Thursday, September 22, 2011

2011「加拿大陸軍 半馬拉松賽」/ 2011 Canada Army Run Half-marathon Race

On Sept 18, 2011, I finished my 3rd Canada Army Run half-marathon race with a Personal Best (PB) that beats my May 30, 2004 ING Marathon record (at the 21.1 km mark) by 33 seconds !!! Altho the difference is not that much in absolute terms, an age gap of 7+ years is significant over a runner's life span.

For example:

The qualifying time for the Boston Marathon "eases up" as a runner enters into his/her next 5-year age group. So, there is hope for those who can still run 42.2 km at age 80+ !!!!

2013 Qualifying Times (effective September 24, 2011)
Age GroupMenWomen
18-343hrs 05min 00sec3hrs 35min 00sec
35-393hrs 10min 00sec 3hrs 40min 00sec
40-443hrs 15min 00sec3hrs 45min 00sec
45-493hrs 25min 00sec3hrs 55min 00sec
50-543hrs 30min 00sec4hrs 00min 00sec
55-593hrs 40min 00sec4hrs 10min 00sec
60-643hrs 55min 00sec4hrs 25min 00sec
65-694hrs 10min 00sec4hrs 40min 00sec
70-744hrs 25min 00sec4hrs 55min 00sec
75-794hrs 40min 00sec5hrs 10min 00sec
80 and over4hrs 55min 00sec5hrs 25min 00sec

Anyway, here are the photos and videos of the 2011 Canada Army Run.

Photo #1: At 09h00 sharp, this cannon was fired with a loud BANG, and the half-marathon race was on !!

Photo #2: Among the front runners sprinting off at the starting line of the half-marathon was #73 Rebecca Stallwood.
Photo #3: This runner ran into trouble and had to be held to get off the race track.Photo #4: Over 16,000 people participated in the Canada Army Run at the Ottawa location on Sept 18, 2011, including many injured soldiers.
Photo #5: In the half-marathon race, Joshua Karanja of Ottawa won the male category (1/3239) and the M20-29 age division (1/607), with a chip time of 1 hr 8 min 18.9 sec and an avg pace of 3.15 min/km over 42.2 kilometres.
Photo #6: In the half-marathon race, Rebecca Stallwood won the female category (1/3147) and the F30-39 age division (1/1025), with a chip time of 1 hr 23 min 2.1 sec and a pace of 3.57 min/km over 42.2 kilometres.
Photo #7 and #8: My friend Peter (in red cap) had a new machine this year and finished the half-marathon in 1 hr 12 min 47.1 sec at a 3.27 min/km avg pace. Bravo Peter !!

Photo #9: At the end of the event, awards were given to the winners of all the races that took place in Ottawa (see video below for the Canada Army Run held in Kandahar Airfield, Afghanistan).
Video #1: Here is a clip of the runners taking off at the half-marathon starting line in Ottawa.

Video #2:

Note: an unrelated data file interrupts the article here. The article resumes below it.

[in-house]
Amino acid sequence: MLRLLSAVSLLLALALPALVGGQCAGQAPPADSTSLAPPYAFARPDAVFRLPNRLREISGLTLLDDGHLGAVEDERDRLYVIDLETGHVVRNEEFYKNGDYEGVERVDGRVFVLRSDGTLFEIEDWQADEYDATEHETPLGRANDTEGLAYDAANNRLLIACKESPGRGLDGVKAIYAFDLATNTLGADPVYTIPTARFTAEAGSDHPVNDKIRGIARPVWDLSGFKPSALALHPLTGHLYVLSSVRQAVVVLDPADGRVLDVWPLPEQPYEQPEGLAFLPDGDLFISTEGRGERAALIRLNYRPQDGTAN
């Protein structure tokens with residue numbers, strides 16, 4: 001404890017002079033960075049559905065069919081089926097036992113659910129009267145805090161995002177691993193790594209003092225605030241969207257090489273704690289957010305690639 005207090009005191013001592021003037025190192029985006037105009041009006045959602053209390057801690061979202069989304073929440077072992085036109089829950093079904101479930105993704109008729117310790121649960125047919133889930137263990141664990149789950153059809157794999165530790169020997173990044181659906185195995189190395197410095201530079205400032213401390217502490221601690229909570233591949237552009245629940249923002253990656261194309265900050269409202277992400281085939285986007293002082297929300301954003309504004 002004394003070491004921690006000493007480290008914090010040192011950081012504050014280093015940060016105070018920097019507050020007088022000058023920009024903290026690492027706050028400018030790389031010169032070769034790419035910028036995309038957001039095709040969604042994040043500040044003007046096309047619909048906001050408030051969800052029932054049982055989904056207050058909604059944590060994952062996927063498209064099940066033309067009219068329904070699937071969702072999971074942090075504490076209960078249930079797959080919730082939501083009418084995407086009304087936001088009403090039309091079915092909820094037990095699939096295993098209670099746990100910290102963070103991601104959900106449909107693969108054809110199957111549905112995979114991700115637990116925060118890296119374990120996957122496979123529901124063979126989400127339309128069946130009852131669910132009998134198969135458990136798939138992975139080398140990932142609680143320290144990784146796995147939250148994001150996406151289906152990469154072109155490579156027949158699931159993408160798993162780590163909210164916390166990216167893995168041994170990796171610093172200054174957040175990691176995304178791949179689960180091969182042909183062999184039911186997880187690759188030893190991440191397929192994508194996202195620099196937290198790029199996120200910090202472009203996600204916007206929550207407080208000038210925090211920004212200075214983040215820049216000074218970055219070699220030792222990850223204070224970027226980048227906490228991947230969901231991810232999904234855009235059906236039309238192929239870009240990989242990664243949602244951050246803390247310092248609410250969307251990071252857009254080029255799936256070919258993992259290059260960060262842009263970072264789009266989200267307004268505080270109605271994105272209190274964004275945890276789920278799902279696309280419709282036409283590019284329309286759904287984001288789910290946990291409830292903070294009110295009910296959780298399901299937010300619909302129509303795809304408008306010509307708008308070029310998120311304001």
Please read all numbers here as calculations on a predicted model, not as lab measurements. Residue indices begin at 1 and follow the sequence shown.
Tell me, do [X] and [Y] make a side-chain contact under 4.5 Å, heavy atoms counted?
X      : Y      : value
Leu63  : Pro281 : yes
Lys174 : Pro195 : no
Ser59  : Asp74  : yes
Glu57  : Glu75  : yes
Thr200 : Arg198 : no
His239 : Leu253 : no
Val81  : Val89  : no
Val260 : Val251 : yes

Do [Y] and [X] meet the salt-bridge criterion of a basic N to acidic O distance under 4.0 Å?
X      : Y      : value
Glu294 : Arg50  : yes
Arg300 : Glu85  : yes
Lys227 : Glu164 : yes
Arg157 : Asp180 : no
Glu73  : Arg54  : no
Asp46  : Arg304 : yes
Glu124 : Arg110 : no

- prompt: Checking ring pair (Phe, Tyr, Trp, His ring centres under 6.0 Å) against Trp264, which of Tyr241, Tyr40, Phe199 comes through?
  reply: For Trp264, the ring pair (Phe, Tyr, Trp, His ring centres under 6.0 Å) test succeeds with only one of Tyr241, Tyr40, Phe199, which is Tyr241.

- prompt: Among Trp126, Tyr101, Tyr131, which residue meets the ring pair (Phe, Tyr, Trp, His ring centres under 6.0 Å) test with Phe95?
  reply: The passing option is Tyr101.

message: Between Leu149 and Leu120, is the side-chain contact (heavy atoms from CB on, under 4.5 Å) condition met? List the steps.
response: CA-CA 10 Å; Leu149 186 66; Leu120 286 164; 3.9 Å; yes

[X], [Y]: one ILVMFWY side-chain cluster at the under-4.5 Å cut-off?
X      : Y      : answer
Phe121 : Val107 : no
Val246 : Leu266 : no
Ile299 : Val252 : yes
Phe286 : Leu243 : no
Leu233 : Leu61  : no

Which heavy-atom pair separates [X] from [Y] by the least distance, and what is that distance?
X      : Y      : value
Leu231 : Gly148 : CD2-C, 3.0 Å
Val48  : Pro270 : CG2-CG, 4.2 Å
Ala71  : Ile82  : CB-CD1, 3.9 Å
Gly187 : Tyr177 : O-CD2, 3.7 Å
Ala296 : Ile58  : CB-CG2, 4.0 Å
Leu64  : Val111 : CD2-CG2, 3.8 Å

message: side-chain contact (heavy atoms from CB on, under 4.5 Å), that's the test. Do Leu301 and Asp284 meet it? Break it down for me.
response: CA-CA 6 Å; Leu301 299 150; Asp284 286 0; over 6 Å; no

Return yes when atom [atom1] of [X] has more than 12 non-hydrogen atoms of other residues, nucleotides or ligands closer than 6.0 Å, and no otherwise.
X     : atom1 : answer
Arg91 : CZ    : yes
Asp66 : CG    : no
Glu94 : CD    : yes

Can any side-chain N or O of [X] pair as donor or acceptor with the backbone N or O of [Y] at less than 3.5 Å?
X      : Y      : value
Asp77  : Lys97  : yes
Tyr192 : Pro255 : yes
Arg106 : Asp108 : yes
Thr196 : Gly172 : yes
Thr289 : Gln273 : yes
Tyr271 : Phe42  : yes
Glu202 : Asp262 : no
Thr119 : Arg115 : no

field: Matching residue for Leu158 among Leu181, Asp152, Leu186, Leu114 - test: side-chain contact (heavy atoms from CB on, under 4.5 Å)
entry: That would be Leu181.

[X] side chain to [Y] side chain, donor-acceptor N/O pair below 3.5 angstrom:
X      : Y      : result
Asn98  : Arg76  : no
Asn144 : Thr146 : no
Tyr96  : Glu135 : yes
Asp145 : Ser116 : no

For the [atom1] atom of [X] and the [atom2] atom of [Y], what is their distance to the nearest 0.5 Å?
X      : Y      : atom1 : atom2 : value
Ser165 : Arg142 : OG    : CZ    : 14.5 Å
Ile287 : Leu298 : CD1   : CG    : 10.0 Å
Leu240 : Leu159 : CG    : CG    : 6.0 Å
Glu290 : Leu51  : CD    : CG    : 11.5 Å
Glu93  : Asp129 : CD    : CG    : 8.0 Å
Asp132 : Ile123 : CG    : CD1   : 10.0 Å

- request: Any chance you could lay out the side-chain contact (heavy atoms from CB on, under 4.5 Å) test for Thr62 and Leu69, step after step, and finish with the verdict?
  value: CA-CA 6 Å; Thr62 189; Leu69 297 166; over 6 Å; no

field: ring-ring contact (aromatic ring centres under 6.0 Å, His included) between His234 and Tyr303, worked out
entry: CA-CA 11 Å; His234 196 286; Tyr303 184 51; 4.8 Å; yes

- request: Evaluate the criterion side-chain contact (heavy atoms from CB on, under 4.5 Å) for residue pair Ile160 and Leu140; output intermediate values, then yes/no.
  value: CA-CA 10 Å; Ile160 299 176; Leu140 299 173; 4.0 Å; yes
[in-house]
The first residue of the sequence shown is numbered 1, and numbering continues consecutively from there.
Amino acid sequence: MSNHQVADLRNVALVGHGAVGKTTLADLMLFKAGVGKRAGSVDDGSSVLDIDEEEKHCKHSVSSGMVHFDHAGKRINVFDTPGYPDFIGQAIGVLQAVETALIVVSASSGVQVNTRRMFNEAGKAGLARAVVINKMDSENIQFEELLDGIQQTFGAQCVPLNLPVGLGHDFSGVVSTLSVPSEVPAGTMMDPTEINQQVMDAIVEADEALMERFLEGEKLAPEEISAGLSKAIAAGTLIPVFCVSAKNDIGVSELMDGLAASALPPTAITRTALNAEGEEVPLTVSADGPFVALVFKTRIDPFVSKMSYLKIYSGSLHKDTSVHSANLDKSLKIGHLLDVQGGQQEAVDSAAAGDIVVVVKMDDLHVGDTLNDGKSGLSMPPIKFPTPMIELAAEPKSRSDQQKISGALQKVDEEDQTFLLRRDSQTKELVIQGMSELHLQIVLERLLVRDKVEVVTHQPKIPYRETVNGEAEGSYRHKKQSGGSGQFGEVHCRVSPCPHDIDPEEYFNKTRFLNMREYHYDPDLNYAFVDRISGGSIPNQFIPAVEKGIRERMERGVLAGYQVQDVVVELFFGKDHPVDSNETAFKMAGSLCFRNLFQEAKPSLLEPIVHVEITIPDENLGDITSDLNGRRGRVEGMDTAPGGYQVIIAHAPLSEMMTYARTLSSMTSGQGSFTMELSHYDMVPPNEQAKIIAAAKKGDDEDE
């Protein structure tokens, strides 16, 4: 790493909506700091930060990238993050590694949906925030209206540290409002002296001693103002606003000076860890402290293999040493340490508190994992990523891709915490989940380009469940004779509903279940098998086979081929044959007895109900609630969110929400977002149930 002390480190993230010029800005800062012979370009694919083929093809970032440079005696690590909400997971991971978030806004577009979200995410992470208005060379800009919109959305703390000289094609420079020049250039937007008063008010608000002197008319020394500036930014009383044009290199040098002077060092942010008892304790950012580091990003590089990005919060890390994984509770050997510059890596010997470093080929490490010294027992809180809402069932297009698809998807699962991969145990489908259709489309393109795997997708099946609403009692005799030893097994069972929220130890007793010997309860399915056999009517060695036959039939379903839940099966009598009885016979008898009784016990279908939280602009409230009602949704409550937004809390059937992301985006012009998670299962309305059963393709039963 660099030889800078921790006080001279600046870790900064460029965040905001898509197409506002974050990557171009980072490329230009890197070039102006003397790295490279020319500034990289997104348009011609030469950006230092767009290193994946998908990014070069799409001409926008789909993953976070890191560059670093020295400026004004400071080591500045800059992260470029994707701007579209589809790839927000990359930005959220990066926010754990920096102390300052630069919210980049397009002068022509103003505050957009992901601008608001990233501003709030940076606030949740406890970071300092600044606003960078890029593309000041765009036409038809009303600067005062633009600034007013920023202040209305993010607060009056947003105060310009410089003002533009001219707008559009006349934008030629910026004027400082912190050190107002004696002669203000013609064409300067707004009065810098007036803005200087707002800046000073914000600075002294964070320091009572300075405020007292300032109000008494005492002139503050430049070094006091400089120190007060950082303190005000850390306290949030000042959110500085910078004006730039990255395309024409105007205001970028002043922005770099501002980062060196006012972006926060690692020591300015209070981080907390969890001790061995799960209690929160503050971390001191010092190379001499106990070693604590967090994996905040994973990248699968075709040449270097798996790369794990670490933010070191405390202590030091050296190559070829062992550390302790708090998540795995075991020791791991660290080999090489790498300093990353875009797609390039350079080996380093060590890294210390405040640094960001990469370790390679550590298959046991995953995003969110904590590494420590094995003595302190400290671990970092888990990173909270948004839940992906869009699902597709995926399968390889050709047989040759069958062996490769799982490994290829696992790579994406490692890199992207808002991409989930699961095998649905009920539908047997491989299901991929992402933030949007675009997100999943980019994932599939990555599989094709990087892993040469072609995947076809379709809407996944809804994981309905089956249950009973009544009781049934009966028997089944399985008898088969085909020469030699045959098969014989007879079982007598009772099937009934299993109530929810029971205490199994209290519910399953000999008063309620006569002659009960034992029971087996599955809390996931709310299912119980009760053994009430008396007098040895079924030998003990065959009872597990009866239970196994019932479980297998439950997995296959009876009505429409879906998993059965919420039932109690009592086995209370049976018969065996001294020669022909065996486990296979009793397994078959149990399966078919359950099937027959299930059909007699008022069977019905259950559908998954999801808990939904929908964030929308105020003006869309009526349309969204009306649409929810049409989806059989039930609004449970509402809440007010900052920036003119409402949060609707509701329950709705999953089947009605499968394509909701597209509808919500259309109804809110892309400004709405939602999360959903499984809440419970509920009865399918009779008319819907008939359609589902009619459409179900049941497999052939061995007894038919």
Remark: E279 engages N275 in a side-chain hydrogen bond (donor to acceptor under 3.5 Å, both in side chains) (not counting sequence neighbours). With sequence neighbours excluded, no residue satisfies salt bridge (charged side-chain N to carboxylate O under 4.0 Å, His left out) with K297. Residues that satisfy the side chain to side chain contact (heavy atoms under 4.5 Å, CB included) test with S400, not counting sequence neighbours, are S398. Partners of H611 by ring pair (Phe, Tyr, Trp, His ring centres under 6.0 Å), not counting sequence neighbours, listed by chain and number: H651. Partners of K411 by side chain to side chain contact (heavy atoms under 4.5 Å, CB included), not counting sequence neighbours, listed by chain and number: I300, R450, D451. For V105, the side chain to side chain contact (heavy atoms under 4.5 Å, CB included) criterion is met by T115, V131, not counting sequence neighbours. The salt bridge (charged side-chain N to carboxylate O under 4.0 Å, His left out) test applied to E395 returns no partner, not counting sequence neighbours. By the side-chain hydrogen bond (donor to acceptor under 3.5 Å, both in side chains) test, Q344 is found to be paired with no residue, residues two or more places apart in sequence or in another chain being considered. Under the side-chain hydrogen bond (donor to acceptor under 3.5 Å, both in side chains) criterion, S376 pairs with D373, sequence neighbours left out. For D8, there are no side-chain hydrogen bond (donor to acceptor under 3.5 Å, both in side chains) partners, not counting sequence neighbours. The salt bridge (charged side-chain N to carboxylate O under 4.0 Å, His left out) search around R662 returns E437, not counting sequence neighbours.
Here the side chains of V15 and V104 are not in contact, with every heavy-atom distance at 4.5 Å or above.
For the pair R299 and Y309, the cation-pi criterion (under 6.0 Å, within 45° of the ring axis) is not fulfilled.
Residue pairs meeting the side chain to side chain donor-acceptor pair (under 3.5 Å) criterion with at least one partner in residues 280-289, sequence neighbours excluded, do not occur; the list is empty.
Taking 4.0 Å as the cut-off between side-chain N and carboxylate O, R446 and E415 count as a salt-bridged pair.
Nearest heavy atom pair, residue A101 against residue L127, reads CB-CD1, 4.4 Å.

Over 700 participants from different countries ran the Canada Army Run held at Kandahar Airfield, Afghanistan. You would notice three runners were wearing face-masks as an added challenge. With the face-mask on, your air-intake rate is somewhat restricted by the filters while your body is crying for more oxygen !!!

Photo/video Credit:

* I took photos #7, 8, and 9; while the rest are from The Ottawa Citizen (Source:

* The YouTube videos are posted on-line by the Govt of Canada.

Note: At the end of my half-marathon race, I crossed over the foot-bridge near the Ottawa University and ran an additional 3+ km with my friends toward the finish line.

UPDATED Sept 28, 2011 Re Ottawa Sun interview with Peter Morel:
Army Run keeps on growing by Kelly Roche, Ottawa Sun

First posted: | Updated:
Peter Morel isn’t satisfied with completing the Army Run half-marathon in 90 minutes. Morel reckons he can cover the 21-km in his hand cycle faster than his 2010 time, so on Sunday he’s taking another crack at it. “Our race bikes can cruise fairly fast, so we can cruise at around the 18 km/h mark,” he said.
He was born with spina bifida, but using a wheelchair hasn’t stopped him from excelling in athletics. “I was a Paralympic rower and am trying out for the national adaptive shooting team,” he said. And the Army Run is an event that’s close to Morel’s heart. “My father was in the Second World War, in the air force. My grandfather was in the army in the First World War,” he said, adding three friends are currently serving in the military.
He isn’t the only one training. In running circles, it’s said to be the fastest growing event — roughly 16,000 people are registered in the 2011 Army Run. “Every member of the Canadian Forces takes pride in the growing popularity of this event,” said Lt.-Gen. Peter Devlin, commander of the Canadian Army. “Although the event was created as a way for the military to thank Canadians for their support, it has become clear that Canadians also want to thank the men and women of the Canadian Forces for all they do at home and abroad. And we sincerely appreciate that.” When the Army Run began in 2008, 7,000 people participated. Last year, that number doubled to 14,000 and more than $100,000 was raised for the Military Families Fund and the Soldier On program, which trains injured soldiers.
Morel co-owns TopShape Fitness Studio in Westboro, where many of his clients are in the military. “We’ve had everything from complete amputations from land mines and IEDs to spinal cord injuries, traumatic brain injuries, you know, the list goes on and on,” he said. His goal is to get soldiers moving again. “We design programs for them and teach them how to exercise properly,” said Morel. “These are highly motivated people to begin with.” They’re so motivated, Morel has recruited about 20 others to take part with him in Sunday’s event. “These guys can do anything they want if they put their minds to it,” he said.


the inner space said...

Peter Morel finit à 7 est mon héros !

the inner space said...

Mr. Morel interviewed by the Ottawa Sun

Haricot 微豆 said...


Peter was a Paralympic rower and almost made it to the Beijing Olympic Game. He is currently trying out for the national adaptive shooting team too !!!

Haricot 微豆 said...


I updated the blog article with some of the info from your link. Thanks !!

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